Safety and Security Perception as Strategic Issues for Hospitality Companies

Safety and Security Perception as Strategic Issues for Hospitality Companies

Susana Cró (IGOT, University of Lisbon, Portugal & ISAL - Instituto Superior de Administração e Línguas, Portugal), Maria de Lurdes Calisto (Estoril Higher Institute for Tourism and Hotels Studies, Portugal), António Miguel Martins (University of Madeira, Portugal) and José Manuel Simões (IGOT, University of Lisbon, Portugal)
DOI: 10.4018/978-1-5225-9936-4.ch007


Safety, tranquility, and peace are a necessary condition for prosperous tourism, and security has been identified as one of the five global forces that will drive the tourism industry in the new millennium. Numerous studies have demonstrated that tourism destinations are heavily affected by security perceptions and safety and risk management. In this chapter, the reader may learn about the theoretical models and empirical evidence behind the assertion that security should be seen as a strategic issue not only by tourism destination managers but also by hospitality managers. By the end of the chapter, it will become evident that hospitality managers should take actions in terms of providing their guests higher levels of real and perceived security, as this will be not only ethically right as it will have a positive impact on the company's profitability.
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Tourism and security are inevitably interconnected phenomena, as security often emerges as the determining factor in the choice of a given destination (Boakye, 2012; Pizam and Mansfeld, 1996; Sönmez and Graefe, 1998b). In literature, the words 'safety' and 'security' are often used as synonyms, although the two concepts differ in their approach. According to Enz (2009), the concept of ‘safety’ in hospitality is related to the protection of employees and guests within the limits of the property, against any injuries or deaths. In this way, the concept of ‘safety’ normally addresses the effects of accidents, hazardous materials, and fires inside the hotel. Among the ‘safety’ devices that tend to exist in hotels are the fire protection systems, the prohibition of smoking in the rooms, smoke/fire detectors, security cameras, and safety instructions. In turn, the concept of ‘security’ goes beyond the protection of staff and guests, while also concerned with the safety of guests' property and the security of the hotel itself. This concept includes issues related to robbery and violent crime, thus having a wider scope/coverage. In the present work, the word ‘security’ refers to its more comprehensive concept.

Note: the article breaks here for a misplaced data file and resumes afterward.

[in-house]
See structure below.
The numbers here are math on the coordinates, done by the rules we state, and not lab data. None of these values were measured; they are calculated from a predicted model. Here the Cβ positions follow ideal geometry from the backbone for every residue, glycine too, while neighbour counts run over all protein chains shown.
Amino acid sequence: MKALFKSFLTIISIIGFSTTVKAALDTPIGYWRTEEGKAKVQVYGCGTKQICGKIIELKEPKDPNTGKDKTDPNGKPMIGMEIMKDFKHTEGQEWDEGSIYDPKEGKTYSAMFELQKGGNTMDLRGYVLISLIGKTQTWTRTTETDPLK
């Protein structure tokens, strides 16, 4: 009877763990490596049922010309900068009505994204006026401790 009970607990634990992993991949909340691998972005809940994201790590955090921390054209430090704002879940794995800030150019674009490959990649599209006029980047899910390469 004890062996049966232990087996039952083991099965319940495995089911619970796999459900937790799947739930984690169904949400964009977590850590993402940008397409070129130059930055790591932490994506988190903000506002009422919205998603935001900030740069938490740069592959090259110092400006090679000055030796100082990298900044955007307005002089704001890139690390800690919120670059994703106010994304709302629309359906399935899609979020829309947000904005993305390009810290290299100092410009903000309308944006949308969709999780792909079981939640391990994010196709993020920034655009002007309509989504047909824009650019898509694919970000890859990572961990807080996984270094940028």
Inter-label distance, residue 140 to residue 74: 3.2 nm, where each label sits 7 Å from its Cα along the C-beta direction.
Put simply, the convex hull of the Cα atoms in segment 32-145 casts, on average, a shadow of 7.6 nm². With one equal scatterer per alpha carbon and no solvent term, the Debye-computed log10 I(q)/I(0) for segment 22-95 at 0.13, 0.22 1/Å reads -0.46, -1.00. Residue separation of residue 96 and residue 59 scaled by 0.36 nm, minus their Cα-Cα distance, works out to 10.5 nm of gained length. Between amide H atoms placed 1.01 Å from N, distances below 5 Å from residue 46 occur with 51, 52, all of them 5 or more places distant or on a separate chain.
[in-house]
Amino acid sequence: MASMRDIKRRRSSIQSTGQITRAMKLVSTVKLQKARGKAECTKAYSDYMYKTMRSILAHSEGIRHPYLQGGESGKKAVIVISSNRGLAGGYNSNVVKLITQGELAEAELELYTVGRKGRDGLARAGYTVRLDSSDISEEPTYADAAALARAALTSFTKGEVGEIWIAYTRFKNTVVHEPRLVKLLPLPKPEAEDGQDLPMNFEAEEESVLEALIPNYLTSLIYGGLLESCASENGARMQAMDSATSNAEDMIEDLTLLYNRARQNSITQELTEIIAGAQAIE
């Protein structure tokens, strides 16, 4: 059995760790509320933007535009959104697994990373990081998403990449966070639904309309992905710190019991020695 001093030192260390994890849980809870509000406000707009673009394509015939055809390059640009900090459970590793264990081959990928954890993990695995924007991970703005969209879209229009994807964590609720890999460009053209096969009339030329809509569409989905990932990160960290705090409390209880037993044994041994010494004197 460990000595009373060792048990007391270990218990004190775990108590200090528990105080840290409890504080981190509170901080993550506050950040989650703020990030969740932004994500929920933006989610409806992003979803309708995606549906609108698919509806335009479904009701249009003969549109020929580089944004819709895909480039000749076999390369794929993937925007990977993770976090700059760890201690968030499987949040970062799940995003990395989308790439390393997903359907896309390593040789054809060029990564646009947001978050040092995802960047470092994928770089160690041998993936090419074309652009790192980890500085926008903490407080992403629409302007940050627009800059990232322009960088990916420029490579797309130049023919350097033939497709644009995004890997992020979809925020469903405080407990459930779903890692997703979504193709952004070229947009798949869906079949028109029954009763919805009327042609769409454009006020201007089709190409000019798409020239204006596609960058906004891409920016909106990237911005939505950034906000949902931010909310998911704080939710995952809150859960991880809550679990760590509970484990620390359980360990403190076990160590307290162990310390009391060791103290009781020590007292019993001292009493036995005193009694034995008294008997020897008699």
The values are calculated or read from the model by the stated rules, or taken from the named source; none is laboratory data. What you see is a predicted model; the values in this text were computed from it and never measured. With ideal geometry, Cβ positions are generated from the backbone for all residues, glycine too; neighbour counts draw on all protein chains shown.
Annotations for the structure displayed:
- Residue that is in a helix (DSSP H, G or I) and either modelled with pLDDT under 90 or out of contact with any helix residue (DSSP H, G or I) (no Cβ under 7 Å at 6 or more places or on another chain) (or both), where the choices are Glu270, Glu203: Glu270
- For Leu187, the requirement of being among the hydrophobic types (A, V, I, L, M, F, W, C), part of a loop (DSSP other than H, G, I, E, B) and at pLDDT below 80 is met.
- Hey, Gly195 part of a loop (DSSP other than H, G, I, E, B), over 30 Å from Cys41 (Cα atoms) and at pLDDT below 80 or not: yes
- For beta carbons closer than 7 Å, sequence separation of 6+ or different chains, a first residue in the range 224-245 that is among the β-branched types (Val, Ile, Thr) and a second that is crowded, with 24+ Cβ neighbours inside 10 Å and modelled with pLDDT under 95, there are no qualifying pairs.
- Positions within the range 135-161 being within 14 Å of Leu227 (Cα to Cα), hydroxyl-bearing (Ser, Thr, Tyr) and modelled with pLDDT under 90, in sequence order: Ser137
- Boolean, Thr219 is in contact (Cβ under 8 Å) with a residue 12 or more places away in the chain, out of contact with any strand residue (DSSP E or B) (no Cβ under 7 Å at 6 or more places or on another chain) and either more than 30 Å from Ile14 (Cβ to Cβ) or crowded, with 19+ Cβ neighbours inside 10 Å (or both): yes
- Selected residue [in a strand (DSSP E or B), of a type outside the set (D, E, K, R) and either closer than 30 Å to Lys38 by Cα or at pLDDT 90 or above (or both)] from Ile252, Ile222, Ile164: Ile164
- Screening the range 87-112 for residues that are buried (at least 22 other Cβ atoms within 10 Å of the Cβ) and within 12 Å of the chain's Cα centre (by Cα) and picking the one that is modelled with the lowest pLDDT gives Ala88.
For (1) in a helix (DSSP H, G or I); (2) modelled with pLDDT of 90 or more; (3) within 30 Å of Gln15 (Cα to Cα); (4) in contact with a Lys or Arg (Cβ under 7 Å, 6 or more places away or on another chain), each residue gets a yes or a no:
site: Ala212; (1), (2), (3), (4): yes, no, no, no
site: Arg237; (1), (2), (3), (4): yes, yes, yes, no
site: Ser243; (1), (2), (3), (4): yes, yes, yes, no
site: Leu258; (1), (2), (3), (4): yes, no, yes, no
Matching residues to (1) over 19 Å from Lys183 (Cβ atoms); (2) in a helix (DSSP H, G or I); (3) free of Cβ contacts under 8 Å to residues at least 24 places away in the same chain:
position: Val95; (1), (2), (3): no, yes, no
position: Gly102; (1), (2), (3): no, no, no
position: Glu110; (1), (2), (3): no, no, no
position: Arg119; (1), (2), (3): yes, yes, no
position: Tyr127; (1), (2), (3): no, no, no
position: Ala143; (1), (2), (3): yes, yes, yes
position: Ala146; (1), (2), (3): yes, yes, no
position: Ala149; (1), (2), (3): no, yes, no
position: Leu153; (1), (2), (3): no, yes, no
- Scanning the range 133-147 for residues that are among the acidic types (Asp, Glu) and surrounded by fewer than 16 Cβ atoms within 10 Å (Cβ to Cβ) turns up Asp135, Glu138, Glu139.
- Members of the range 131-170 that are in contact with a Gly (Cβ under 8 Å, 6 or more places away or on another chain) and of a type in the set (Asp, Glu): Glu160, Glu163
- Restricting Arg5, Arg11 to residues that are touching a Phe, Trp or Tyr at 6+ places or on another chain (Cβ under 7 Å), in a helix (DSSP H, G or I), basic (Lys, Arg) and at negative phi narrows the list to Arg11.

Security issues related to terrorism, war, crime, political instability and disrespect for human rights tend to constitute barriers to the decision to travel and affect the decision-making of tourist when choosing a destination (Hall et al., 2004; Pizam and Mansfeld, 1996; Saha, Su, and Campbell, 2017). Empirical evidence reveals that a substantial decline in tourist flows tends to happen associated with lack of security in the destination country (Frey, Luechinger, and Stutzer, 2007; Ghaderi, Saboori, and Khoshkam, 2017; Henderson, 2003). In other words, security is an essential prerequisite for the success of the tourist operation as tourists' perception of risk has a significant impact on demand, causing insecure destinations to have difficulty attracting tourists (Seabra, Dolnicar, Abrantes, and Kastenholz, 2013). When tourists feel insecure in the destination country, they tend to develop a bad impression of that destination, and the spreading of that bad image in the various channels of information available on the internet, they can lead to a decline in future tourists (George, 2010).

It is not only terrorist and criminal acts that tend to affect the perceived security risk of a given destination. The violation of human rights also tends to negatively affect the influx of tourists into a country, which might even be greater than the negative effect caused by terrorist acts and political instability. According to Neumayer (2004), the occurrence of terrorist acts in a given country tends to reduce on average the flow of international tourists by 8.8%, while the increase of human rights violations tends to cause a reduction in the flow of tourists in 32%.

The issues regarding security in tourism are most relevant to hospitality managers since tourists and their lodgings are privileged targets for the accomplishment of criminal acts. Crime rate on tourists tends to be higher than that reported for national citizens (Albuquerque and McElroy, 1999; Boakye, 2010; Chesney-Lind and Lind,1986) and accommodation choice is a crucial factor in explaining crime rates, as half the incidents reported to the authorities occur in these spaces (Barker, Page and Meyer, 2002). Thus, it is not surprising that tourists are willing to pay a premium in terms of price when the accommodation facilities show signs of increased security (Enz, 2009, Feickert, Verma, Plaschka, and Dev, 2006).

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